Food Network’s Ratings Continue to Fall After Dumping Paula Deen

Oct 10, 2013  •  Post A Comment

Food Network ratings continue to slip after the cable channel cut Paula Deen from its programming lineup, although it’s hard to say whether fan backlash from the decision is to blame, reports Bloomberg Businessweek.

Ratings at Food Network were down in several key segments from June 24 to Oct. 6 when compared with the same time period in 2012. Total viewers slipped 6% during the time frame, and with the 18-49 group, ratings were down 13% in prime time, the piece notes.

The decline could be due to factors other than fan outrage at Deen’s treatment by Food Network, the story notes.

"There’s an ebb and flow to these types of networks,” says Horizon Media Senior Vice President Brad Adgate. “But I think they’re still pretty solid. They are the category leader. They have over a million viewers every night. Advertisers love it. And they’ve invested a lot in new programming. If they put on a couple of shows that click, they’ll be right back.”


  1. Remember when The Food Network was about actual food? Restaurant reviews, cooking demos, meal planning?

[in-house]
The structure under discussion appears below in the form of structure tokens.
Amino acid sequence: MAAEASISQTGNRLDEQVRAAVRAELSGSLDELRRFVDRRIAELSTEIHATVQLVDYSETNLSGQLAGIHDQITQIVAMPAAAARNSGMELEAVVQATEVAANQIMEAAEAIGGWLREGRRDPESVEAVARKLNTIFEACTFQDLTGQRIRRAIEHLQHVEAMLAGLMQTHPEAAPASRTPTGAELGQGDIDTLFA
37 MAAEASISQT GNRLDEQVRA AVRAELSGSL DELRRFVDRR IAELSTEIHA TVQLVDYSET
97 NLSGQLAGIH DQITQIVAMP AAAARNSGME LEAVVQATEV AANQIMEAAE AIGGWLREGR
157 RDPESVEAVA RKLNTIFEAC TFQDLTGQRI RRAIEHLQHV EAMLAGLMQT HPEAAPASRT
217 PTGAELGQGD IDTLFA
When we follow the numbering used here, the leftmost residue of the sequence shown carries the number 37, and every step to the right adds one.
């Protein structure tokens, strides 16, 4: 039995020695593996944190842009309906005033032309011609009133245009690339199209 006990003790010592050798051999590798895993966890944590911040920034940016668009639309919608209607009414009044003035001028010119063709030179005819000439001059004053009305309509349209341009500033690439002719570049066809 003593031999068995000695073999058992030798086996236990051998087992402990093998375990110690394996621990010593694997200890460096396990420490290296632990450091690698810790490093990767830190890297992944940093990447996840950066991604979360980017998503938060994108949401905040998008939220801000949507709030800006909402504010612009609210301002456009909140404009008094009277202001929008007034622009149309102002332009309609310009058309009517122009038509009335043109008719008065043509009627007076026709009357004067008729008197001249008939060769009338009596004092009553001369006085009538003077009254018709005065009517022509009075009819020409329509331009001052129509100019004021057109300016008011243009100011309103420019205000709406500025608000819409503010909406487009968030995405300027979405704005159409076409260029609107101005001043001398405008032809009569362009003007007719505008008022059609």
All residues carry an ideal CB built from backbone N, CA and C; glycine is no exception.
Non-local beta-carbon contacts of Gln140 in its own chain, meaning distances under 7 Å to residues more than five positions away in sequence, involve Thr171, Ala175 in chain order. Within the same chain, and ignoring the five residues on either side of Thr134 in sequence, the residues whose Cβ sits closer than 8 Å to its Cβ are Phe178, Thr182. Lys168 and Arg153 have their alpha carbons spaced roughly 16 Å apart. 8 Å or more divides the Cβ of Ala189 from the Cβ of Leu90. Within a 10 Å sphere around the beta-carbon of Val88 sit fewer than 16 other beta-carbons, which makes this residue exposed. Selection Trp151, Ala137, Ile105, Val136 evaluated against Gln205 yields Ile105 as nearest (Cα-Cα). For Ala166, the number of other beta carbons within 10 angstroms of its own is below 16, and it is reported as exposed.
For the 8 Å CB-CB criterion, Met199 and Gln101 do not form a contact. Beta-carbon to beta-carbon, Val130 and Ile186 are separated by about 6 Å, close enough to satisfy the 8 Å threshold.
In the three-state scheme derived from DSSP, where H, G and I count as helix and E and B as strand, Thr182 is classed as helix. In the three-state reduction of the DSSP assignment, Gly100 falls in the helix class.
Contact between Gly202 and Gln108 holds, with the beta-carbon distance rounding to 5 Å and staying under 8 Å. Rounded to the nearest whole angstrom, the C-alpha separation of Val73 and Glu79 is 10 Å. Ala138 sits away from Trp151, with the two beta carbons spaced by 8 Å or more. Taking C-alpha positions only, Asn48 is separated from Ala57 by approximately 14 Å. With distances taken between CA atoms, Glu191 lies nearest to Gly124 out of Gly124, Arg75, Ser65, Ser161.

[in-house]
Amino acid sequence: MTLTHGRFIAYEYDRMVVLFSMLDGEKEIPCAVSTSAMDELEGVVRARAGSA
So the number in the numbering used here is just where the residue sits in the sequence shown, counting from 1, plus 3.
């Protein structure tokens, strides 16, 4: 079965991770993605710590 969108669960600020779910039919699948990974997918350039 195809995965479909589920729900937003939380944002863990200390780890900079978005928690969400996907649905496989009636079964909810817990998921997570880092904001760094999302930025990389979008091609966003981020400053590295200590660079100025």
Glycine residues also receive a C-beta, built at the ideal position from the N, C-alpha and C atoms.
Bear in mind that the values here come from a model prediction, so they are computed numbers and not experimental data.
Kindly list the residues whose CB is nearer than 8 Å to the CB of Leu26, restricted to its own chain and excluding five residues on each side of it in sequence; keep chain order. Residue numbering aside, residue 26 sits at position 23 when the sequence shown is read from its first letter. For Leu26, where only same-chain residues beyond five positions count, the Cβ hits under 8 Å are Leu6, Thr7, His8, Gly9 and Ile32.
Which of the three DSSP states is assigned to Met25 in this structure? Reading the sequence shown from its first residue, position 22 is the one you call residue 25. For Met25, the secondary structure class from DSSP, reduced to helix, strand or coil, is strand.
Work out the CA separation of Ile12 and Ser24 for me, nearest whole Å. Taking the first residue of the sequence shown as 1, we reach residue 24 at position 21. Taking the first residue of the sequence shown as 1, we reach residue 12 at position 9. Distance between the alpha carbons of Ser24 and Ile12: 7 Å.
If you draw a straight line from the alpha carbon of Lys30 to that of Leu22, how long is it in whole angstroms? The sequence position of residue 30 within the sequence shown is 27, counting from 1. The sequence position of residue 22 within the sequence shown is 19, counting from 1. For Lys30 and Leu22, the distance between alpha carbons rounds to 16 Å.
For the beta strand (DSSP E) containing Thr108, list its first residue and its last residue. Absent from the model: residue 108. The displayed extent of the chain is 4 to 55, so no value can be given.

Their original core audience – true “foodies” – have ZERO interest in challenges / showdowns / cake wars, or where to get the world’s most obscene belly-bustin’, heart-cloggin’ burger.
    Pandering exclusively to the lowest common denominator is more likely why their audience is leaving them.

  2. I agree with foreign correspondent – when did everything food have to become a challenge or contest?

  3. Dani, the answer was above. Everything became a challenge or contest when they realized that they needed bigger numbers and chased the lowest common denominator.

  4. Foreign Correspondent is 100% correct.
    sadly, now even their cooking channel is heading down the same wrong path.

  5. COOL!! I make sure to go CLICK.

  6. WOW, I couldn’t have put that better!!

  7. The ratings drop is hardly an effect of some backlash to Ms. Deen’s firing.
    The Food Network’s ratings plummet has everything to do with the fact that the channel has neglected its roots, abandoned nearly all of their cooking shows, and made nearly every new show a competition.
    Most of the old Food Network audience (and a huge chunk of its stars) are over on sibling channel Cooking Channel, which is more like Food Network than Food Network is now.

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